Re your last comment, some time ago I was in a small filling station cum campground in Pueblo, CO, when I got chatting to a female tribesperson who was living/camping in her station wagon in the gas station's parking lot courtesy of a friendly employee. She explained why she was living as she did and how she'd lost her kids because the medical folk wanted to give her drugs to treat what they said was schizophrenia - bipolar as it's now called - but she didn't want to be drugged.

    I talked with her quite some time and probed what she'd been hearing and seeing. I concluded she was as likely to be hearing her ancestors as she was imaginary voices and encouraged her that night to ask the presences who drew close to her to give her some space and some peace. If she could do that and get some settled sleep I felt she'd feel more in control of the situation than she had in years.

    I also encouraged her to return home but not to reject the offer of help outright but to explain that she wanted to try living at home without taking so many of the strong Rx drugs that left her feeling drugged and dopey. Her demeanor calmed and she began to smile at the prospect of breaking the hold the voices and presences had on her. She had had no-one before to offer a possible explanation. I asked if her tribe had 'medicine men' and encouraged her to visit the reservation and ask them about what I'd told her.

    I was then much more spiritually aware and 'tuned in' and have always hoped she would find her way out of the muddle she was in. I wrote her a letter but she didn't write back. We were on the road then and soon were hundreds of miles away. We didn't meet again.

    One of the odd occasions when I thought I might have been prompted by unseen friends and helpers - mine or hers - into doing what I did. Odd because if I hadn't had to get repairs to our RV in such an out-of-the-way place, a Brit RVer who just happened to be deeply into a lot of spiritual stuff at that time, I wonder if any others would have been able to do something similar. One of several odd occurrences that particular trip.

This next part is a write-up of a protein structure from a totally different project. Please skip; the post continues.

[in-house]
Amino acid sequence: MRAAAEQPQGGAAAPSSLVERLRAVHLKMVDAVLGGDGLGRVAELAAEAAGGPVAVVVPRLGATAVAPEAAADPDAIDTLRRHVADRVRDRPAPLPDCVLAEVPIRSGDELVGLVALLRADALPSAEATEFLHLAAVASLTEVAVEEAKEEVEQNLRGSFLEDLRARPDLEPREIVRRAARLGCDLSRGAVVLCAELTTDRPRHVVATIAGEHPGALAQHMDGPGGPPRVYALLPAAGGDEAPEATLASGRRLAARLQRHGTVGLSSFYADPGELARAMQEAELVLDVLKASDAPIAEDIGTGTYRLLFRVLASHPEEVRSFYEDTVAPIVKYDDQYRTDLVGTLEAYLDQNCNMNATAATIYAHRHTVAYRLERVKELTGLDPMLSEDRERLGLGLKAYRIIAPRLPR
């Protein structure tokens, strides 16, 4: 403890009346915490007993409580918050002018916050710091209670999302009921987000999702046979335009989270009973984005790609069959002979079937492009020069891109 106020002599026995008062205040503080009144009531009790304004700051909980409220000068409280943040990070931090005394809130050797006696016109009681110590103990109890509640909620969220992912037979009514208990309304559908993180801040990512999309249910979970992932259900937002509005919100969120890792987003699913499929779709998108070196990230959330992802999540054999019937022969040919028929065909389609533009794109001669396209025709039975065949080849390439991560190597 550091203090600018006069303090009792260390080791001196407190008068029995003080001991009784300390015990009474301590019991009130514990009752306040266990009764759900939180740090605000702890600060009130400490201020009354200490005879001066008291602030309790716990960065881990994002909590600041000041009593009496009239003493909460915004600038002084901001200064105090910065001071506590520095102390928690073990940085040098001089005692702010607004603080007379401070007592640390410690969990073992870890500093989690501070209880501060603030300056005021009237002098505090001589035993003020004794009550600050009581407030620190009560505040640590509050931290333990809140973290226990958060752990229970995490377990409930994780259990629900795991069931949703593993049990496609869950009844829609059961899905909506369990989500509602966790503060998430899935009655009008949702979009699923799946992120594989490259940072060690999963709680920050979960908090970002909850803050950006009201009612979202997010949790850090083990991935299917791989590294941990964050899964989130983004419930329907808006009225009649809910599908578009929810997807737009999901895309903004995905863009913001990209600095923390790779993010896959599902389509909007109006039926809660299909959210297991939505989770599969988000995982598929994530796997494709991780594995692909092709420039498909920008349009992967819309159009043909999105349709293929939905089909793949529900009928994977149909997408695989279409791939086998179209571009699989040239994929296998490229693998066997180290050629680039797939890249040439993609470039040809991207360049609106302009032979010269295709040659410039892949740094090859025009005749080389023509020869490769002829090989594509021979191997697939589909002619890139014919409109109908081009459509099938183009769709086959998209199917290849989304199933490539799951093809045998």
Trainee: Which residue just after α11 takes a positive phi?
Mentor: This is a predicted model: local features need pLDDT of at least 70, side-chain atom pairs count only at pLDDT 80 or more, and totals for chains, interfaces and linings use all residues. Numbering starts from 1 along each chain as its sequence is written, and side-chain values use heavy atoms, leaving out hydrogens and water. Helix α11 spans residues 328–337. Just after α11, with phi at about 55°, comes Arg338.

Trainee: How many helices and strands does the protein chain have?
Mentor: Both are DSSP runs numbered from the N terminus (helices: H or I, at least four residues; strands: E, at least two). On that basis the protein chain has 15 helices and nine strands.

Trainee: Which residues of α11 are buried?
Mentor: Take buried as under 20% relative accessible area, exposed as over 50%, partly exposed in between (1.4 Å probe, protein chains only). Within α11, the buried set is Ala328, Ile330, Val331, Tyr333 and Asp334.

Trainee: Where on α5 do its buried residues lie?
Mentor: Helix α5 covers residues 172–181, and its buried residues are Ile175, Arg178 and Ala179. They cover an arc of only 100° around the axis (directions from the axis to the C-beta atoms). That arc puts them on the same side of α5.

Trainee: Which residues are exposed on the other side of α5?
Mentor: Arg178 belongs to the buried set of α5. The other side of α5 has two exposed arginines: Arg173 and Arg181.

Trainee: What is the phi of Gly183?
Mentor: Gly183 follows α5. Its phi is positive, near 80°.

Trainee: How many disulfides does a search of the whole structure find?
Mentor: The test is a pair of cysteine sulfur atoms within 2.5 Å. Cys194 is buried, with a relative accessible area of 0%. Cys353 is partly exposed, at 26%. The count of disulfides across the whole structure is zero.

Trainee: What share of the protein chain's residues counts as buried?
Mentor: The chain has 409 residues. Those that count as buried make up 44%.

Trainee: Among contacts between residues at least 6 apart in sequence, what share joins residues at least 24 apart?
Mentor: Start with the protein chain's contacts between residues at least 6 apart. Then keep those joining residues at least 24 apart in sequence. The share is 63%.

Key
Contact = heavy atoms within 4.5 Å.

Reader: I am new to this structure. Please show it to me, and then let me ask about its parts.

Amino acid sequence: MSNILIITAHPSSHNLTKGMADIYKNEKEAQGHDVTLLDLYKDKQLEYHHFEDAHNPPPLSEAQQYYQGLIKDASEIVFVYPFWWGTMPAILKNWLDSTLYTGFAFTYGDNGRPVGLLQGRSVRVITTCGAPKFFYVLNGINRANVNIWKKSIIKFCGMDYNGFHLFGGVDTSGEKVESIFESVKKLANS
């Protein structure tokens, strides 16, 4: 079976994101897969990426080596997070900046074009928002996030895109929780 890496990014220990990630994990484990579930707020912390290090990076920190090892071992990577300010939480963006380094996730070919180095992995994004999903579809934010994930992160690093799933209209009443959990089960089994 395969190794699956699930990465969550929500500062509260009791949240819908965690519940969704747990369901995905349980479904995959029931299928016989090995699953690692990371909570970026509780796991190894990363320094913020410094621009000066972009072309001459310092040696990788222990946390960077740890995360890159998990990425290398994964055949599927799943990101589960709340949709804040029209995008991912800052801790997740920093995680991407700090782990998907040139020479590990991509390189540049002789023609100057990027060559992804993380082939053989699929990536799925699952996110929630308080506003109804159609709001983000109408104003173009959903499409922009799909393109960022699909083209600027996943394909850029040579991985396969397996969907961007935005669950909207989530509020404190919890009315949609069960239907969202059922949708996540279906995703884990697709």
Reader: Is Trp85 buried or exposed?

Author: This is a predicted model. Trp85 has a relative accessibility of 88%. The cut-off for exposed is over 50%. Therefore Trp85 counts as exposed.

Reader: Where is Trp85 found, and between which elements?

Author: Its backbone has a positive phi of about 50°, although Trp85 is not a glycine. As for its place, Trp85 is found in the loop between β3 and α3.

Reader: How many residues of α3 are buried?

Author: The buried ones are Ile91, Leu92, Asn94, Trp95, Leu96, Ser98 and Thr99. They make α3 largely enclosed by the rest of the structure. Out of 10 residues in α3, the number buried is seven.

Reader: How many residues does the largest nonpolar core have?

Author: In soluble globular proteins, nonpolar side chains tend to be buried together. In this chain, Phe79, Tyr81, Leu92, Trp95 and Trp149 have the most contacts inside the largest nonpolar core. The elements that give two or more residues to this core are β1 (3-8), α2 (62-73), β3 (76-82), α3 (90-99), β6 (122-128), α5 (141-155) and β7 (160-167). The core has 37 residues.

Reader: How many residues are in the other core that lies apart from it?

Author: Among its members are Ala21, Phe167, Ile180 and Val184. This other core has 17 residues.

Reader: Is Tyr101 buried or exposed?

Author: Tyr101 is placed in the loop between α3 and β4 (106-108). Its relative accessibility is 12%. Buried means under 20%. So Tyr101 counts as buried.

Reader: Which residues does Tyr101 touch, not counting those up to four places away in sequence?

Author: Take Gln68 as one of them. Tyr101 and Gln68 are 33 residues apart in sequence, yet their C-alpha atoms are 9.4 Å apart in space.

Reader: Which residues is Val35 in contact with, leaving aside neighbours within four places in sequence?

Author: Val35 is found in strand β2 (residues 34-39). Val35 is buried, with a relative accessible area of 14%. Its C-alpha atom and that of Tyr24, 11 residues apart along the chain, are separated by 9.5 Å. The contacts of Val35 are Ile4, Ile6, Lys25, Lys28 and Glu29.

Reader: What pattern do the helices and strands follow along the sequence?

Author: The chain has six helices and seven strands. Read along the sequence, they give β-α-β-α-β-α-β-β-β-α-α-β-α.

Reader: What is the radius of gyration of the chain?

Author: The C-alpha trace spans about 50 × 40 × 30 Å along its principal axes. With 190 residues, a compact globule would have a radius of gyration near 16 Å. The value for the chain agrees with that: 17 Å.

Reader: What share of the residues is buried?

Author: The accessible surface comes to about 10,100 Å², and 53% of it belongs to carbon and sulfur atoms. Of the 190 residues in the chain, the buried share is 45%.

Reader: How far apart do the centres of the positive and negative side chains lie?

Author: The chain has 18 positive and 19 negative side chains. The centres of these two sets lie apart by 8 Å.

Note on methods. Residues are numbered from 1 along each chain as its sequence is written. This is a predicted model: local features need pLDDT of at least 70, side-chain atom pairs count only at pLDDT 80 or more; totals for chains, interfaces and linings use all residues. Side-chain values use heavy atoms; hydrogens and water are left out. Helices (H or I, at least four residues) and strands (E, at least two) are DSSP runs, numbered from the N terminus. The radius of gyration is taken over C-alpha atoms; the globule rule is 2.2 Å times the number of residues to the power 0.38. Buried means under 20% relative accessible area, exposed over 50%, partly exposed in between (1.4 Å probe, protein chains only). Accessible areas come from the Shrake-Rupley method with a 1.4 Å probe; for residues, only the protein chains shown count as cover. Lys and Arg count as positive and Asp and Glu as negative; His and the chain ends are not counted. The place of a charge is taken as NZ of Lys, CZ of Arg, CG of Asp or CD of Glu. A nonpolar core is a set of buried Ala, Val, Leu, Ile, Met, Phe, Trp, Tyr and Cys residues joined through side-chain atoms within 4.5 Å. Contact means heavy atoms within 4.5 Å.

5. Amore

    Amore Active Member

    Hi mac, thanks for sharing that. So you also think it's possible schizophrenia might actually be someone hearing spirits. How utterly confusing that must be if you have no context for what you are experiencing, and no validation from anyone around you :(

    I might be wrong (am no expert) but as far as I know those are two different kind of mental illnesses.
  6. mac

    mac Staff Member

    You're right - WebMD

    "It's sometimes tricky to tell whether someone you care about has bipolar disorder or schizophrenia. They're both mental illnesses that affect how people think and act, and some of the symptoms look a lot alike. But there are big differences, too.

    When you have bipolar disorder, you have huge swings in mood and energy that can make it hard to do everyday activities. With schizophrenia, mood problems aren't so central, but your senses can play tricks on you, making it hard sometimes to know what's real and what's not. It can be difficult to think clearly and relate to people."

    I didn't know that. I thought the term 'bipolar' had replaced schizophrenia.
  7. ChuckAnderson

    ChuckAnderson Member

    Hi Mac!

    Bipolar replaced the term manic depressive. I was diagnosed as bipolar myself, but it's kept under control in my case through medications.

  8. mac

    mac Staff Member

    Good to see you contributing, Chuck, and thanks for the explanation. I wonder if it's just me who was muddled over those terms - also including bipolar and manic depressive?

    Glad to hear your condition responds well to medication.
  9. ravensgate

    ravensgate Active Member

    Just wanted to add that "manic-depressive disorder" is the old term for "bipolar disorder" (you can be dx with bipolar I or bipolar II. ;)
  10. ravensgate

    ravensgate Active Member

    Amore, I do not know how old you are, but schizophrenia is something I would not worry about at this point. Most often, with schizophrenia, the messages and the voices are not friendly.
    Think back and see if anything that might be significant happened to you, such as unusually high stress, a traumatic experience, a new medication? For over 60% of those who have auditory hallucinations (as you seem to be experiencing), there is an antecedent.
    When considering an organic cause, one might consider other mental disorders such as dissociative identity disorders, severe depression with psychotic features, but also bipolar disorders.
    Chances are that what you are experiencing is a case of hypnogogic hallucinations brought on by your own brain activity as it prepares to fall into a sleep state or awakening from it.
    If these experiences bother you, I would suggest consulting with a medical practitioner (GP) as well as a psychiatrist.
    Amore likes this.